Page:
Since 1954, Kyoto University has been managing a population of fruit flies, living in total darkness. Now, after interbreeding some of these “dark flies” with regular flies, the researchers are learning more about the genetic adaptations taking place when fruit flies are kept entirely in the dark.
Superficially, a dark fly does not look very much different from a normal fly. Over 1,500 generations in the dark has left it with slightly longer hairs for sensing the world around it, but most scientists — even those who look at fruit flies all the time — wouldn’t notice much of a difference. So it was up to the Kyoto scientists to find other ways to tell the difference between fruit flies who had been kept in complete darkness for 60 years and those who hadn’t. They came up with an interesting preliminary technique, and just published the results of their studies in the journal Genes Genomes Genetics.
The Kyoto team bred a certain number of the dark flies with regular flies. These breeding flies were also kept in the dark—separate from the original population of dark flies. The researchers used genome sequencing to determine which genes the dark flies had, which the regular flies had, and which their offspring had. By keeping successive generations in the dark, the researchers believe that only the flies with useful adaptations managed to breed and rear offspring, and so, the hybrids would gradually show a greater and greater preponderance of “dark genes.”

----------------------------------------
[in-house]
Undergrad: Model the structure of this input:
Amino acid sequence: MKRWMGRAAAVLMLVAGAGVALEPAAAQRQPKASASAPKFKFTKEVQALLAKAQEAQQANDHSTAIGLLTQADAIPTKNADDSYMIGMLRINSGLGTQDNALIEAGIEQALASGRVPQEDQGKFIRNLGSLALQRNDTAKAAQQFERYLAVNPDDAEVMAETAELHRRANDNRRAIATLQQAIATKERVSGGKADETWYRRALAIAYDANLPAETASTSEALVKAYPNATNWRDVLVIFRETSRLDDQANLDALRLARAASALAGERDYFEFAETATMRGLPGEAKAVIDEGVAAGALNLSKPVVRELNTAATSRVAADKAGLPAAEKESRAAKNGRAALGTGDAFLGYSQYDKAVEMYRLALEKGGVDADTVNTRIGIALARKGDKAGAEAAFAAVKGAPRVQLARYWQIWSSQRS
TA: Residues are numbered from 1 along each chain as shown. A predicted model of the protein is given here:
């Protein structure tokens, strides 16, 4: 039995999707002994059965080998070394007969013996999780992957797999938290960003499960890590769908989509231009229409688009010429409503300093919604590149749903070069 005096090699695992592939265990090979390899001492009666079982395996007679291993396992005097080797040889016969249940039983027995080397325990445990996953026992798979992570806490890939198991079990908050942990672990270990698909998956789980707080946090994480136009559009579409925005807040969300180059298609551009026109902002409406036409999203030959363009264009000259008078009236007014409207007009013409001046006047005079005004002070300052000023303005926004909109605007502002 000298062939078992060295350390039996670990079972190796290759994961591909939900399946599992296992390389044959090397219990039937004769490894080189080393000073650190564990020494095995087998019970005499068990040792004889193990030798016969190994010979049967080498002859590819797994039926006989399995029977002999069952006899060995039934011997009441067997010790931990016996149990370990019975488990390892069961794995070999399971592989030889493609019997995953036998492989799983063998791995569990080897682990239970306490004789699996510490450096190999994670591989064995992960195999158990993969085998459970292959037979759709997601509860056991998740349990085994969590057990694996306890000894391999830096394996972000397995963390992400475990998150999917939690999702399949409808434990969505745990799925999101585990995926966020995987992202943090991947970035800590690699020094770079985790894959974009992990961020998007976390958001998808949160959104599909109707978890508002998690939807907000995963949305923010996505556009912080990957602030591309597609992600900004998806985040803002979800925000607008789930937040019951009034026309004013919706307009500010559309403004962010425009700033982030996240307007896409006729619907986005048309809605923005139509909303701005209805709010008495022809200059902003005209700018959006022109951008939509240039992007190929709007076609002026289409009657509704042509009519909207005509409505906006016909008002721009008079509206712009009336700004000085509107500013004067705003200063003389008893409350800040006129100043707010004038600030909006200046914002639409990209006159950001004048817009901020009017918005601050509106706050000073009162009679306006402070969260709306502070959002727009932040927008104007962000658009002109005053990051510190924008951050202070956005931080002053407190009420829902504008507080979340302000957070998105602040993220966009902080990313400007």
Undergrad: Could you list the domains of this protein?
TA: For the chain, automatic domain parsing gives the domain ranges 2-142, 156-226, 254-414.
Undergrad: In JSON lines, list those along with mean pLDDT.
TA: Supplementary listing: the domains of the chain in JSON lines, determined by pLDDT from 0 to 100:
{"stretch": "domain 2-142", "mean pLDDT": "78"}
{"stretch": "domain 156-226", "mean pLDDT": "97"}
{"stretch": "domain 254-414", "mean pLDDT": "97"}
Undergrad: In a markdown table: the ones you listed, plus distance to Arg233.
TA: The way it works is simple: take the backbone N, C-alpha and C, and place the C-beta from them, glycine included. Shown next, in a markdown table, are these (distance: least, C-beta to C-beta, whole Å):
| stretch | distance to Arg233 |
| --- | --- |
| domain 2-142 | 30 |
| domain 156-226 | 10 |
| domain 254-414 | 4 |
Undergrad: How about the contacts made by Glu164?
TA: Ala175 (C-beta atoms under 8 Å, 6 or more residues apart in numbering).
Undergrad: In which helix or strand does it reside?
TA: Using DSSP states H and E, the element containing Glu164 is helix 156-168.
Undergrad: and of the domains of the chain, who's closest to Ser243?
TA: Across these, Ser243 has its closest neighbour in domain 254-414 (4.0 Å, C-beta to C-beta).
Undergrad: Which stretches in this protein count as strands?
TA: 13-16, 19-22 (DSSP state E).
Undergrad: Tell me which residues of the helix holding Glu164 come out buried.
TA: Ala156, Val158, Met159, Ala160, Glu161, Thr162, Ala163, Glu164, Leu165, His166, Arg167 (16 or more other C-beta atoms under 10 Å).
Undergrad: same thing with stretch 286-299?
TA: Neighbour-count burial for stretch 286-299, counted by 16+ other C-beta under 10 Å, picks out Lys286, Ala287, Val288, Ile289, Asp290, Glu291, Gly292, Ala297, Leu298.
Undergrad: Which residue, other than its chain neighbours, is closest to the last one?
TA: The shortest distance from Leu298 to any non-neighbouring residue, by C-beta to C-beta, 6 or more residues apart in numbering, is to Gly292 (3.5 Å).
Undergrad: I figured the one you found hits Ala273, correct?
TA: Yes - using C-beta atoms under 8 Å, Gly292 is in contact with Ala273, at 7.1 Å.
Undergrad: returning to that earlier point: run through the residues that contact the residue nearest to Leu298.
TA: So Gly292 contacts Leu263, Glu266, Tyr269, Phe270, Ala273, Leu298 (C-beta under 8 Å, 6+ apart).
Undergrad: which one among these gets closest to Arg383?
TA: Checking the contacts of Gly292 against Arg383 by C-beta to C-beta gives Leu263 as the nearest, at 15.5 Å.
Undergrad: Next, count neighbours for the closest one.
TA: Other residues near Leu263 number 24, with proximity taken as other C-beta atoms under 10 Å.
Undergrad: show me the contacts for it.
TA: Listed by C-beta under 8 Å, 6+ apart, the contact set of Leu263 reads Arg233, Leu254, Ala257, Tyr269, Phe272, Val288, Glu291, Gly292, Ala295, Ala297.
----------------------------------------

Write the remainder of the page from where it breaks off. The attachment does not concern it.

They’ve found about 84 genes that, while they make no difference on the outside, distinguish dark flies from other flies. The researchers think that most of them are giving the dark flies enhanced chemical signaling and sensing capacities. In other words, they smell, in both senses of the word. They both emit more pheromones and sense pheromones more easily. It’s also possible that these flies have slightly different rhythms when it comes to producing eggs and sperm, and engaging in mating behavior.
Scientists are still studying the fly to see what adaptations darkness brings out in them, what adaptations they lose, and when they lose them. It might tell us something about how certain innate, and difficult to eradicate, human adaptations work. For example, after well over a thousand generations in the dark, the fruit flies still had circadian rhythms, and still responded to (and moved towards) the light.
[Genes Genomes Genetics, Nature]
Image: Francisco Romero Ferrero